A recent article on MSNBC (NYC restaurants slammed by financial crisis) details the problems currently faced by NYC restaurants. NYC restaurant owners are reporting a significant drop in business in wake of the recent financial crisis. They also have some of the highest rent in the country for space, and face high food, employee, and insurance costs. Faced with a significant drop in revenue, restaurant owners may not survive if they continue to do “business as usual” and will need to adapt to changing market conditions. In exploring their options, restaurant owners and investors should consider all available options, including the bankruptcy restructuring options that are the focus of this blog post. Bankruptcy is not a panacea and is something to consider when other options (such as obtaining additional investment, consolidation of space, altering menus and pricing, etc.) have been fully explored. However, bankruptcy presents some useful tools to NYC restaurant owners and investors that need to be understood.
1. Ability to Sell Below Market Lease Without Landlord Consent.
Often a below market lease in New York City may be one of a restaurant’s most valuable tangible assets. Most commercial leases in NY contain extensive restrictions on a tenant’s ability to sell or sublet space. In bankruptcy, however, a debtor in possession (in a chapter 11 reorganization or liquidation case) or trustee in a (chapter 7 liquidation case) has the ability to “assume and assign” a lease even though the landlord does not agree. The right to do this is not absolute and the replacement tenant must be able to establish an adequate ability to perform under the lease. In addition, defaults under the lease must be cured (or adequate assurance of prompt cure provided) in connection with any sale of the lease. The key point is that in a bankruptcy it may be possible for the value in the lease to be realized even if the tenant is in default under the lease and has been sued for nonpayment of rent (as long as the lease has not yet been terminated). Utilizing this option may allow an unprofitable restaurant to move to another location with cheaper rent where is could be profitable.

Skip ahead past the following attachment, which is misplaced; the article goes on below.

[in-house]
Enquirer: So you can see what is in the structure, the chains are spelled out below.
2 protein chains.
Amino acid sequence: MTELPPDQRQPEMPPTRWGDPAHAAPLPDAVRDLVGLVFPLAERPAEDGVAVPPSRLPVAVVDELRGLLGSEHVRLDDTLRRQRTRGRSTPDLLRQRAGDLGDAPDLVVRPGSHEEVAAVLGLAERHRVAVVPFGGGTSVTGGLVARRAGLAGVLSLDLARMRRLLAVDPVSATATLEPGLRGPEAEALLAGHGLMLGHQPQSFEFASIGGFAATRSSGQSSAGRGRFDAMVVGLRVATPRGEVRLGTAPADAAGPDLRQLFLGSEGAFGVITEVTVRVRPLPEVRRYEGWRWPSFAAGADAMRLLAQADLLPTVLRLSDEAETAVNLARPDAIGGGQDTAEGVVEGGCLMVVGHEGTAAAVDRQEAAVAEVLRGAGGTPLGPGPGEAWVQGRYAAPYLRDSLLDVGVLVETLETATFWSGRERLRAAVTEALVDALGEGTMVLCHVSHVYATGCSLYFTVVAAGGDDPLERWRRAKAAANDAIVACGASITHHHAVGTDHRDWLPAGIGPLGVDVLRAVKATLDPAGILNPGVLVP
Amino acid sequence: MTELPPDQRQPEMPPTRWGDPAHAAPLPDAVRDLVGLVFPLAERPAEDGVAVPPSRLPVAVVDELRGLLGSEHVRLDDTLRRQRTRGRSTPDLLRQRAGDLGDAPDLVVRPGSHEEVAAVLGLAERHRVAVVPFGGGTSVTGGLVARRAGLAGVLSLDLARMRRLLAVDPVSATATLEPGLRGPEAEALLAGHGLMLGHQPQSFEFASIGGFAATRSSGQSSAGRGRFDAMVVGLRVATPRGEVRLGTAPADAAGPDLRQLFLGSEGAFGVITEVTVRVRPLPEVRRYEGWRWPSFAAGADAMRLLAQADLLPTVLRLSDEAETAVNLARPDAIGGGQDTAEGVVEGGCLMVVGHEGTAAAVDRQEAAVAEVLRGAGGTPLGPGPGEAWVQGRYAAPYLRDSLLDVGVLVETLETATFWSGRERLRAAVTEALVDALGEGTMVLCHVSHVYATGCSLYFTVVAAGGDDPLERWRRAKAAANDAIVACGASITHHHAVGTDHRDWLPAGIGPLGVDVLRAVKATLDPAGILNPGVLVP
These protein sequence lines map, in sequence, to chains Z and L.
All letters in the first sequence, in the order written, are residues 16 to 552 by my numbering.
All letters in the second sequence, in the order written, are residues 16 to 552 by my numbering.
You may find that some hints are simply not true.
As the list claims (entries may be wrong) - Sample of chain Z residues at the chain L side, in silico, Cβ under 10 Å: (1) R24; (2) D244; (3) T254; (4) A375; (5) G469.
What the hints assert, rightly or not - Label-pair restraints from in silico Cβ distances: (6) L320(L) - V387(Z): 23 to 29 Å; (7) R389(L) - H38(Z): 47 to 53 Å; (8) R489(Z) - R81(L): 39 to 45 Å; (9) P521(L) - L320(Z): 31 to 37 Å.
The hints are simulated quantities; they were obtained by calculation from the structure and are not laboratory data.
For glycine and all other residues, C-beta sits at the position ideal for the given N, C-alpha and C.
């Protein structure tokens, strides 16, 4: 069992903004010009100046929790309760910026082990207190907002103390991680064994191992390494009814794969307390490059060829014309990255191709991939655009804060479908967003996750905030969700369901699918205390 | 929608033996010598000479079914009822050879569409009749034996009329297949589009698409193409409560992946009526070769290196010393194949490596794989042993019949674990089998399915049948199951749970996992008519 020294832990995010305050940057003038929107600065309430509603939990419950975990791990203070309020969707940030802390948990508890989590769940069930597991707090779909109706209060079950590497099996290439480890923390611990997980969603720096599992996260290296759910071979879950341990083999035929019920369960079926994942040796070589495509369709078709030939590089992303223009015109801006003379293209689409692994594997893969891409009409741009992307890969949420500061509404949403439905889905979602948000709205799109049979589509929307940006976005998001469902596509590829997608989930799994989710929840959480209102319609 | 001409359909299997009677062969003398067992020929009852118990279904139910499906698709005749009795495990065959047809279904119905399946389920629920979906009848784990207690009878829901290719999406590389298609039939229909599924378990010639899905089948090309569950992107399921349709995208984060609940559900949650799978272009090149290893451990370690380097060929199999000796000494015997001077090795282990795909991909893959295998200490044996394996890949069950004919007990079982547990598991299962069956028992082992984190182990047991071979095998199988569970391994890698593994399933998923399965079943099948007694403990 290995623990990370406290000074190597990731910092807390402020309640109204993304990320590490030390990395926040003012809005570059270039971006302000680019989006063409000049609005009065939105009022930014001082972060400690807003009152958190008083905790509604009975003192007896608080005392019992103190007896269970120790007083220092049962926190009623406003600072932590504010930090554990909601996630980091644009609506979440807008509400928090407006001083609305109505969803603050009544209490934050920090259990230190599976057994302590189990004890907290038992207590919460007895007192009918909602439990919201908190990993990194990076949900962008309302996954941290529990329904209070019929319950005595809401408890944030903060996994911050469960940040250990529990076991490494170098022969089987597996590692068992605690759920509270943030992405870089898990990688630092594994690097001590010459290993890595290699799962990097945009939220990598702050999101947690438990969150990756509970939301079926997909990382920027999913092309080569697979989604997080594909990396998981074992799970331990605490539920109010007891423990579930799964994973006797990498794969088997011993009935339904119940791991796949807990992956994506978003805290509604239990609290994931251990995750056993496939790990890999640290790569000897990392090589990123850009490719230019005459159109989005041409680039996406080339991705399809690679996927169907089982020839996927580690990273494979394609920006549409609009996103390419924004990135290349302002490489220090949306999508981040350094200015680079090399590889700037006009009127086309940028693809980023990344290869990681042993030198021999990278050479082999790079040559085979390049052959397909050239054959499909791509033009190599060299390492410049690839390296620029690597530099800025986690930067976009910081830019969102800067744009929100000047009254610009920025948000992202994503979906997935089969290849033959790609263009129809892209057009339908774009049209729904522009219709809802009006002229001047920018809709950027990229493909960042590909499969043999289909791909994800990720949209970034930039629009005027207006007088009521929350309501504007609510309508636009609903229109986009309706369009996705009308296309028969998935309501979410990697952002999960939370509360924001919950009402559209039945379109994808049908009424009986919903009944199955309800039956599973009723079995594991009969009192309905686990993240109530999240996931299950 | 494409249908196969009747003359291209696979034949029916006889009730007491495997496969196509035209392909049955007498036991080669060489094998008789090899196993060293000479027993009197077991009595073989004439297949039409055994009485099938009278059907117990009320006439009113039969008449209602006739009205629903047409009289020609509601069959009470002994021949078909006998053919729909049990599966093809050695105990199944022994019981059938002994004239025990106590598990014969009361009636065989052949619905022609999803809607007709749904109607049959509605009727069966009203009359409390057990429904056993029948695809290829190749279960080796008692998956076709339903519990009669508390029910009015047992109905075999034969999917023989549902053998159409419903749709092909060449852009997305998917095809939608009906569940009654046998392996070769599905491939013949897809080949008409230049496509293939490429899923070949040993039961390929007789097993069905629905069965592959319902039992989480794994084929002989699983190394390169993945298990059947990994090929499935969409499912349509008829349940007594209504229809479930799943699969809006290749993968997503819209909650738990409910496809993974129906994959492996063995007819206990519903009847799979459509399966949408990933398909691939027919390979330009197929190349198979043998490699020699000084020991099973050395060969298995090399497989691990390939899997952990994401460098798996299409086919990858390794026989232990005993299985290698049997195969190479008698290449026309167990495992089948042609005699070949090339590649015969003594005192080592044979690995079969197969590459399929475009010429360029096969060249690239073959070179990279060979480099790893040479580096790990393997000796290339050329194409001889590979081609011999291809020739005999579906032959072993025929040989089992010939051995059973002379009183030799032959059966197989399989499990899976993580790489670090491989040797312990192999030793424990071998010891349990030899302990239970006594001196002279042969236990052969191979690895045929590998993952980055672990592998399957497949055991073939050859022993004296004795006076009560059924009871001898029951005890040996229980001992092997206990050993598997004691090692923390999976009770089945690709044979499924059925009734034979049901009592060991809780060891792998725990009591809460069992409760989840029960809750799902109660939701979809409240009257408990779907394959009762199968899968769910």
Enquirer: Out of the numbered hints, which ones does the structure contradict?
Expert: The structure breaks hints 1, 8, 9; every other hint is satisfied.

2. Ability to Reject Long Term Lease and Cap Damages.
If a restaurant is in an unfavorable location, either because rents are too high or there is not anticipated customer traffic, a lease can be rejected in a bankruptcy proceeding. The landlord’s rejection damages claim is capped in bankruptcy, under a formula that limits the claim (which is particularly useful in the case of a long term lease). Outside of bankruptcy a lease rejection damage claim might be the largest claim against a restaurant, but in bankruptcy such claim subject to the cap in the Bankruptcy Code on rejection damages would be significantly limited. As part of a chapter 11 reorganization case a restaurant could reject an unprofitable lease — and cap the rejection damages claim — and relocate to a more favorable location.
3. Ability to Reject Executory Contracts & Leases.
In addition to real estate leases, many restaurants have other long term leases, such as of kitchen equipment, and other ongoing commitments, such as employment agreements with chefs, management companies, etc. As part of a bankruptcy these ongoing contractual obligations can also be rejected. If two restaurants, for example, decided to merge operations to consolidate financial resources and reduce expenditures in a shrinking market, a bankruptcy proceeding could be used to reject burdensome ongoing commitments, such as equipment leases and employment agreements.
If you are interested in scheduling an appointment to learn more bankruptcy alternatives and how these may be utilized for a NYC restaurant please feel free to contact Stephen Z. Starr at 888-867-8165.